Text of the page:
We moved the baby chicks out of their brooder and into their mobile coop/chicken tractor of sorts. It was a free shed we placed on skids and David made it so I could move it around with the skid loader, giving the girls fresh forages to graze every few days and eventually ever other day as they grew. We used an electrified poultry netting to protect the flock from ground predators. David also planted non-gmo field corn that we would harvest and store in our large grain bins. This gives us the ability to use our own crops to grind into our own feed mixes for the cattle and pigs every few weeks, in addition to selling some when the markets prices were more pleasing. We also planted cover crop mixtures that have dual purposes of regenerating the ground and also have grazing value. These multi-species mixtures are often combinations that David makes up and mixes in the planter on his own. They supplement our ground while feeding our cattle at the same time. This reduces the need for synthetic fertilizers and added input costs. Just allowing mother nature to do her thing! We also partnered with Salem County business, Billy B’s BBQ Sauce and Bee Crop Honey to offer our customers kosher, gluten free BBQ sauces and local honey with their purchases.


June in bloom! The beauty of many of these cover crop mixes began to show.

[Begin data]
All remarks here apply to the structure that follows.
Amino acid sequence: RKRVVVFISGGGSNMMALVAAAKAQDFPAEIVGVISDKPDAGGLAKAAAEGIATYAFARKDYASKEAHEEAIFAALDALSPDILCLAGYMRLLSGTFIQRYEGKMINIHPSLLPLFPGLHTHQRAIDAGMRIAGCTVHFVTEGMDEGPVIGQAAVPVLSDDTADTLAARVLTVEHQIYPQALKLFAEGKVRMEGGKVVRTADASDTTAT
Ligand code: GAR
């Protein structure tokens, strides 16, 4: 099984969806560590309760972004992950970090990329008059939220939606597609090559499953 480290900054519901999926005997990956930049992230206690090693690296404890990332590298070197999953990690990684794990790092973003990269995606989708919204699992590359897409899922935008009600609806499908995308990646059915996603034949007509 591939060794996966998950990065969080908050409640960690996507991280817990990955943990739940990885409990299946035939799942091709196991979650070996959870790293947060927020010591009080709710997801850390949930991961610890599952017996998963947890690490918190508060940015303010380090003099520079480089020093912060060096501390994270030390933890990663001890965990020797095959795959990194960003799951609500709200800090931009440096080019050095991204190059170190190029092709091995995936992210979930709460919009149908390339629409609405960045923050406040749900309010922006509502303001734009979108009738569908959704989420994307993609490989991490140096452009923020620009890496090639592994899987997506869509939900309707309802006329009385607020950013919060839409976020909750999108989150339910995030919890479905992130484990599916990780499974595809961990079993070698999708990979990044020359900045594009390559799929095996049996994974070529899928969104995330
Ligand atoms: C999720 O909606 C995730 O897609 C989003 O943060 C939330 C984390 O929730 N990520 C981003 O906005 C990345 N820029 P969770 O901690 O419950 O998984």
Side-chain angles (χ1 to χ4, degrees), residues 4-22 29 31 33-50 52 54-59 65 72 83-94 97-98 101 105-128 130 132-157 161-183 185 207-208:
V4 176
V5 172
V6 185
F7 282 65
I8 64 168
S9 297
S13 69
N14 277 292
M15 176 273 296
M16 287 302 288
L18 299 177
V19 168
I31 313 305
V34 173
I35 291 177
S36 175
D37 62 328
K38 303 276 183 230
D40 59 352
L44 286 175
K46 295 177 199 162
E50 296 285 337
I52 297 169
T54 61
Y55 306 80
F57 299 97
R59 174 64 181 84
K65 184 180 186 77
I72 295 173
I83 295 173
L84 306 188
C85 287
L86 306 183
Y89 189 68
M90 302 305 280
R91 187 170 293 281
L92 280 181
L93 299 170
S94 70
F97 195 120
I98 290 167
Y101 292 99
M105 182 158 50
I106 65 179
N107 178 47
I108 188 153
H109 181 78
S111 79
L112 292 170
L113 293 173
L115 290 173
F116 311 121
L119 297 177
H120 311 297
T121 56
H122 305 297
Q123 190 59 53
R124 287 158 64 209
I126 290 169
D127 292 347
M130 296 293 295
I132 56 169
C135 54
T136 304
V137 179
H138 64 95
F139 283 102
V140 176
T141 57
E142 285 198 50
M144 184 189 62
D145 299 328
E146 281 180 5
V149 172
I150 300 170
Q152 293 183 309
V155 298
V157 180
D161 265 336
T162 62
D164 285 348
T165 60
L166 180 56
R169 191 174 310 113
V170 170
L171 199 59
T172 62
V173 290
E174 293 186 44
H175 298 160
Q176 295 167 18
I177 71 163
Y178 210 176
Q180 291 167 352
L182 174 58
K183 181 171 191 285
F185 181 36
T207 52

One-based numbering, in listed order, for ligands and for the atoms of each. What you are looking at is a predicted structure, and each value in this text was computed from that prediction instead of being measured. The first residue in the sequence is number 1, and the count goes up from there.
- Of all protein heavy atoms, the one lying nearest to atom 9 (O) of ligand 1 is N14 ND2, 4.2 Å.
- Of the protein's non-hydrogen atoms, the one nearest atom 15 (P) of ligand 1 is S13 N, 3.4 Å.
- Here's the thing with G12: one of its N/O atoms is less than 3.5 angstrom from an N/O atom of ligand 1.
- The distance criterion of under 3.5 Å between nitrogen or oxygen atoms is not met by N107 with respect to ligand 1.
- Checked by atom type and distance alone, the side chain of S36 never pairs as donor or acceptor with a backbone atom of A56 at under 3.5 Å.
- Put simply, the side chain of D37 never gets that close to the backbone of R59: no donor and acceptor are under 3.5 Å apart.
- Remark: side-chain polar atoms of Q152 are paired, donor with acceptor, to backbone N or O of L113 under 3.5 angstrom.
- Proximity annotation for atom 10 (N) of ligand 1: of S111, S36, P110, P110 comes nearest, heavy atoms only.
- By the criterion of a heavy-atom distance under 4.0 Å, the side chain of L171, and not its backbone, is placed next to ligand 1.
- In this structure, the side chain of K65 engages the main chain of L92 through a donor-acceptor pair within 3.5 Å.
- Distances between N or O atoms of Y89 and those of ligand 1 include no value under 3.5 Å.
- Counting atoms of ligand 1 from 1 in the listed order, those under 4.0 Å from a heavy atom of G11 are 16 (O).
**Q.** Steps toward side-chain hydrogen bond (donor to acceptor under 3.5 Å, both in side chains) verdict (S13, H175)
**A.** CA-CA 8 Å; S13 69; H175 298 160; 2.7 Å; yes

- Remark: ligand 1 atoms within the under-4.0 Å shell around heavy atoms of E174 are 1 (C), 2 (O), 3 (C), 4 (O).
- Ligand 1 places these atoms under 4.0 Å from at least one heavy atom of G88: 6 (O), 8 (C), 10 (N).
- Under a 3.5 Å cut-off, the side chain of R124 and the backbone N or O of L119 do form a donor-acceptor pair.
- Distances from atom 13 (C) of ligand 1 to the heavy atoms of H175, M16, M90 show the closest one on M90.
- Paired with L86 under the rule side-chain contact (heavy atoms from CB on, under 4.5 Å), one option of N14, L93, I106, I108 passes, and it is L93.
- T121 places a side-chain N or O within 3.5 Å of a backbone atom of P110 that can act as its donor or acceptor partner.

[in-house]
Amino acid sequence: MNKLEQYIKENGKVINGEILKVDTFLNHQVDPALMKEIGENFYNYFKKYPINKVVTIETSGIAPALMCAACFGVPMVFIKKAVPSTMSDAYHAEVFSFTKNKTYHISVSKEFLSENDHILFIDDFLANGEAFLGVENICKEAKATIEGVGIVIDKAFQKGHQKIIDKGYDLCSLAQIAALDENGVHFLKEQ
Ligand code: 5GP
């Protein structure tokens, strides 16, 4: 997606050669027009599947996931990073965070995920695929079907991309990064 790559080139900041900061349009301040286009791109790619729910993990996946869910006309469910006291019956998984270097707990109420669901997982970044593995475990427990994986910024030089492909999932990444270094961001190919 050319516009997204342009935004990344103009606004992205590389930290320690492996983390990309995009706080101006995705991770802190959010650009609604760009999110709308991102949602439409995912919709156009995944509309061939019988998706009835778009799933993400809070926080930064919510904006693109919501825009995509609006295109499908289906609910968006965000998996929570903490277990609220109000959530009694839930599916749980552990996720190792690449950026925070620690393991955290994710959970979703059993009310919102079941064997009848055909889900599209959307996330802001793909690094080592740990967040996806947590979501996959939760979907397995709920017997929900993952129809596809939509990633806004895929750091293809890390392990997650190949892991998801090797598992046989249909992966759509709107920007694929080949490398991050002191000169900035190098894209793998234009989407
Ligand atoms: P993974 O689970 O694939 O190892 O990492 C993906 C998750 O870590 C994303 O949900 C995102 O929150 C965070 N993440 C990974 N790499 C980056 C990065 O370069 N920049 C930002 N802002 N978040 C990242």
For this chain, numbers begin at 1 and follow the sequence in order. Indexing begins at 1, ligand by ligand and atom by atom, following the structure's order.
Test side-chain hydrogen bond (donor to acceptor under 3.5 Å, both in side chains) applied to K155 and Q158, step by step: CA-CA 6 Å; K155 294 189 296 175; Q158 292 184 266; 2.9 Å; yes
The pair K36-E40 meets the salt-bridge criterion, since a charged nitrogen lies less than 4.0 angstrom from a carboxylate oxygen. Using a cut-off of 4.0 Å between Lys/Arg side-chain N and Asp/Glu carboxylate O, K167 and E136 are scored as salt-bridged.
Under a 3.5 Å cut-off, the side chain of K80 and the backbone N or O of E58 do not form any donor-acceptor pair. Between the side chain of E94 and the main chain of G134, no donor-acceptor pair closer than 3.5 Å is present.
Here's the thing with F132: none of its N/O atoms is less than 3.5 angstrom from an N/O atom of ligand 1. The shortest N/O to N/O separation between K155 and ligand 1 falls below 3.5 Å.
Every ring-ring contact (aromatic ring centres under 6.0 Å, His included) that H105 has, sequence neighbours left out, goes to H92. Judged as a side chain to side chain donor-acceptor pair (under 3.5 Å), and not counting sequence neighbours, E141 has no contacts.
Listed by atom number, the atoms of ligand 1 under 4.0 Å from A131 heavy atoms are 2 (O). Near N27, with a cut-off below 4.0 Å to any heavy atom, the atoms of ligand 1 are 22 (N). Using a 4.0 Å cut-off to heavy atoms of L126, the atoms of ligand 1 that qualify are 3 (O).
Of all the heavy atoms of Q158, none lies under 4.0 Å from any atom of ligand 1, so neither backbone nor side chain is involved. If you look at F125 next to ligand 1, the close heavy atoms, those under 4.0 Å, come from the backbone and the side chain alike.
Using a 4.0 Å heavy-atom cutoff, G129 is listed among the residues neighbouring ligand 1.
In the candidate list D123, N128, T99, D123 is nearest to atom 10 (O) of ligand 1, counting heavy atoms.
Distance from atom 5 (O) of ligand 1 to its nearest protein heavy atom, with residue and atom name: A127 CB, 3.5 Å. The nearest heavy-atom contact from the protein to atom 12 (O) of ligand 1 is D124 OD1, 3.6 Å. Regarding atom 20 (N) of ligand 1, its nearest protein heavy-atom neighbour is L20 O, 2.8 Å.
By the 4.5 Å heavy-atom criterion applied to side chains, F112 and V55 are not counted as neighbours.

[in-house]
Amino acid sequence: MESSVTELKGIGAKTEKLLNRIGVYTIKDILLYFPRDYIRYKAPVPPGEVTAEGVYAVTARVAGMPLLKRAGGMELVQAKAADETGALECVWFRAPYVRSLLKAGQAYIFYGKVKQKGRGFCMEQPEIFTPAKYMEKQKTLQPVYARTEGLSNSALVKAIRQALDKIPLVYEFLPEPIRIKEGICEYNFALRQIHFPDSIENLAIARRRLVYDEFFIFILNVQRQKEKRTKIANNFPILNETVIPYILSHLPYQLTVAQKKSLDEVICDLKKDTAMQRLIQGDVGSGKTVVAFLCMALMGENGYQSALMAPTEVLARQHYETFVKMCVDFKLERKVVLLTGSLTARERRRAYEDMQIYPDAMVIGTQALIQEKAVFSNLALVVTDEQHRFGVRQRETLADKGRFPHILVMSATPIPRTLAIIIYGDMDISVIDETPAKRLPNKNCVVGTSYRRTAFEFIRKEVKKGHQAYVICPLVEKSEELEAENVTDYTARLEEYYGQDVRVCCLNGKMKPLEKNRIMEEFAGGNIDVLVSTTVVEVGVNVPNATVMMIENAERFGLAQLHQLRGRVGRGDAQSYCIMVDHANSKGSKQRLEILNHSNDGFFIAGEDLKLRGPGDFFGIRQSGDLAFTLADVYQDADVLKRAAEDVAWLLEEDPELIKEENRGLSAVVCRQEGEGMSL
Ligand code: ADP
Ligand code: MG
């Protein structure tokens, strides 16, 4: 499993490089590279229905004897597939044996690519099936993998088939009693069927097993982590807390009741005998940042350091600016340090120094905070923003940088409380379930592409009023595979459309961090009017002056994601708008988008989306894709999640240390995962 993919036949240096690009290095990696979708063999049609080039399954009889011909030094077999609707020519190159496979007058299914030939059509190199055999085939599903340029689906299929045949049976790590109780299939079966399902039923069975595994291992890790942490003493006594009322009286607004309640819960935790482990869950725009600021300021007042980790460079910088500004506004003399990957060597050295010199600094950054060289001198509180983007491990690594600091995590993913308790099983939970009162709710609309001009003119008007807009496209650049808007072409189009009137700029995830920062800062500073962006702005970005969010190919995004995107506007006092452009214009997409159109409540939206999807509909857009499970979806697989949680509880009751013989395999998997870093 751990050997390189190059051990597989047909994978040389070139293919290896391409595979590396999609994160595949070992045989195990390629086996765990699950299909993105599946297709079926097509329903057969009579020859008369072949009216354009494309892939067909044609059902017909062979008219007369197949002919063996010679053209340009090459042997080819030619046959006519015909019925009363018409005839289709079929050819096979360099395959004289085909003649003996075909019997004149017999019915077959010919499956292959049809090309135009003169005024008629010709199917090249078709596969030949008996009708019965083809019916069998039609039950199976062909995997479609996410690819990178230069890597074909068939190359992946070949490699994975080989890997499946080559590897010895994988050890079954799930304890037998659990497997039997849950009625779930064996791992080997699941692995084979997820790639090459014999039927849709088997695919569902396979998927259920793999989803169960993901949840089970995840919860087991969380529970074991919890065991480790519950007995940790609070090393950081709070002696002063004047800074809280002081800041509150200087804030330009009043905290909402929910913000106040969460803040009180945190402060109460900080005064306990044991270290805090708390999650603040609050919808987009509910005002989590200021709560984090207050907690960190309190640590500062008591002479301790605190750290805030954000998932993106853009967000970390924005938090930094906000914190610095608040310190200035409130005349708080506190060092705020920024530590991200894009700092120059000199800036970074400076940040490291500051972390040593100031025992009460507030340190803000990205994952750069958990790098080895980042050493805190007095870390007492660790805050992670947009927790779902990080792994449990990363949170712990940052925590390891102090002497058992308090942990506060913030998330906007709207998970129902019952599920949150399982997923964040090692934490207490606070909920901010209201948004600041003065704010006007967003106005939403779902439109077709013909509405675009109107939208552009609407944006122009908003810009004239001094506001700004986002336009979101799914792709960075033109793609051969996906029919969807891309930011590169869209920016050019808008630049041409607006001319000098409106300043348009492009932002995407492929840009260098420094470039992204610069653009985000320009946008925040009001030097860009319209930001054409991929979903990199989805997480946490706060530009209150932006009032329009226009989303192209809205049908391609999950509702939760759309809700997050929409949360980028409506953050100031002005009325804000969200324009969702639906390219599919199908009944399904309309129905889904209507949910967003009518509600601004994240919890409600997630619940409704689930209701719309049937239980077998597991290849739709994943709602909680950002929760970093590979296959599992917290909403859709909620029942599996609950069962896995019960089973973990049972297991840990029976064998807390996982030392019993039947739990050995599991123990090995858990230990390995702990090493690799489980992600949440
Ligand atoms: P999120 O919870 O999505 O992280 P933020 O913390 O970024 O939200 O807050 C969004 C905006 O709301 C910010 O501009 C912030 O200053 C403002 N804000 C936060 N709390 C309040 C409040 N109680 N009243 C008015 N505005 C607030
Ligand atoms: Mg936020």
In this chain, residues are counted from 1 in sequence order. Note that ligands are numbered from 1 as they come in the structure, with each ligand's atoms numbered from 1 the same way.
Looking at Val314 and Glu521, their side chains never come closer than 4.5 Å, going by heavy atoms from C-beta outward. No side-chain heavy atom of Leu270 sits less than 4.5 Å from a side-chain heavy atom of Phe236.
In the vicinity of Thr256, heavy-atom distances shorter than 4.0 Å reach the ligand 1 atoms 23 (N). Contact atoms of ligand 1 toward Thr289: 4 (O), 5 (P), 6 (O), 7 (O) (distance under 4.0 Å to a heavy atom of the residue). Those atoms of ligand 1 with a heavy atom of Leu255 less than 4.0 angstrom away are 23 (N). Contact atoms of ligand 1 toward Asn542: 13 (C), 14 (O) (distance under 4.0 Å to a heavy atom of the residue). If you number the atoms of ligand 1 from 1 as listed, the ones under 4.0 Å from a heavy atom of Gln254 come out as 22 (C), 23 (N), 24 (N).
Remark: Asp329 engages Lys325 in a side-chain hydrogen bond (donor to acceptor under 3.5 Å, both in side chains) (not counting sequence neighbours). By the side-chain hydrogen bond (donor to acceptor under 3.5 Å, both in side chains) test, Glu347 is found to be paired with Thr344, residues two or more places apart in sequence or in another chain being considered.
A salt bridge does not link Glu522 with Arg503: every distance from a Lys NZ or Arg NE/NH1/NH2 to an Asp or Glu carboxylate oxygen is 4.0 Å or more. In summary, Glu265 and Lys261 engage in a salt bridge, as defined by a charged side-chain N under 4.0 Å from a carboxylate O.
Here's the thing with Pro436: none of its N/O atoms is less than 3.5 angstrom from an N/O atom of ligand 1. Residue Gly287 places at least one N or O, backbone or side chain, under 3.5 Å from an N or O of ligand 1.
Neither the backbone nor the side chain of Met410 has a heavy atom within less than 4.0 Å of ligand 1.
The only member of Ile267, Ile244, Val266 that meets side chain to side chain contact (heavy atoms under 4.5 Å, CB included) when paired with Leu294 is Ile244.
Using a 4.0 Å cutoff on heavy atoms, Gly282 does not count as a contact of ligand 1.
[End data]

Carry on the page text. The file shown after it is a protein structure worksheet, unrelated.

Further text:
Preparation for feeding our livestock when the grasses are dormant begins early and only a couple of months after the last bale of hay is fed for the winter. Crimson clover, hairy vetch, and sunflowers are just some of the beauty that was blooming in our fields this time of year. These flowers are not just for show and all offer very valuable grazing and regenerative elements to our ground. At the end of June, I designed a sunflower ball cap in honor of my favorite blooming cover crop. This hat is now available on our website for purchase.


We harvested rye, began our second round of calving, and were honored to represent NJ in the Beef Checkoff’s “United We Steak Campaign.” David began construction to upgrade our old livestock building.


Thanks to many helping hands, we accomplished some major projects in September in October in addition to crop harvest and the end of calving for the year.

Construction on the mono slope livestock building was completed in September. This building is crucial in decreasing our environmental impact, eliminating runoff into the local water shed, as well as giving us the opportunity to better serve our livestock in the finishing phase before the go to harvest. We started getting our farm raised pork back from the processor in the beginning of September as well! Many of the pork went into large shares and we sold some in individual pieces as well. Needless to say, it was a hit! We harvested a sorghum, pea, and soybean mixture that was planted as cover crop on one of our fields and stored it in large white bags called an “ag bag”. This system ferments the moist forage into a palatable silage for the cattle and is what we will feed this winter. To round it all off, we started and finished combining corn. The second to last picture you can see David emptying the tri-axle into the grain auger which carries the corn into our grain bins for drying. Promptly after harvesting our fields, David planted a multi species cover crop.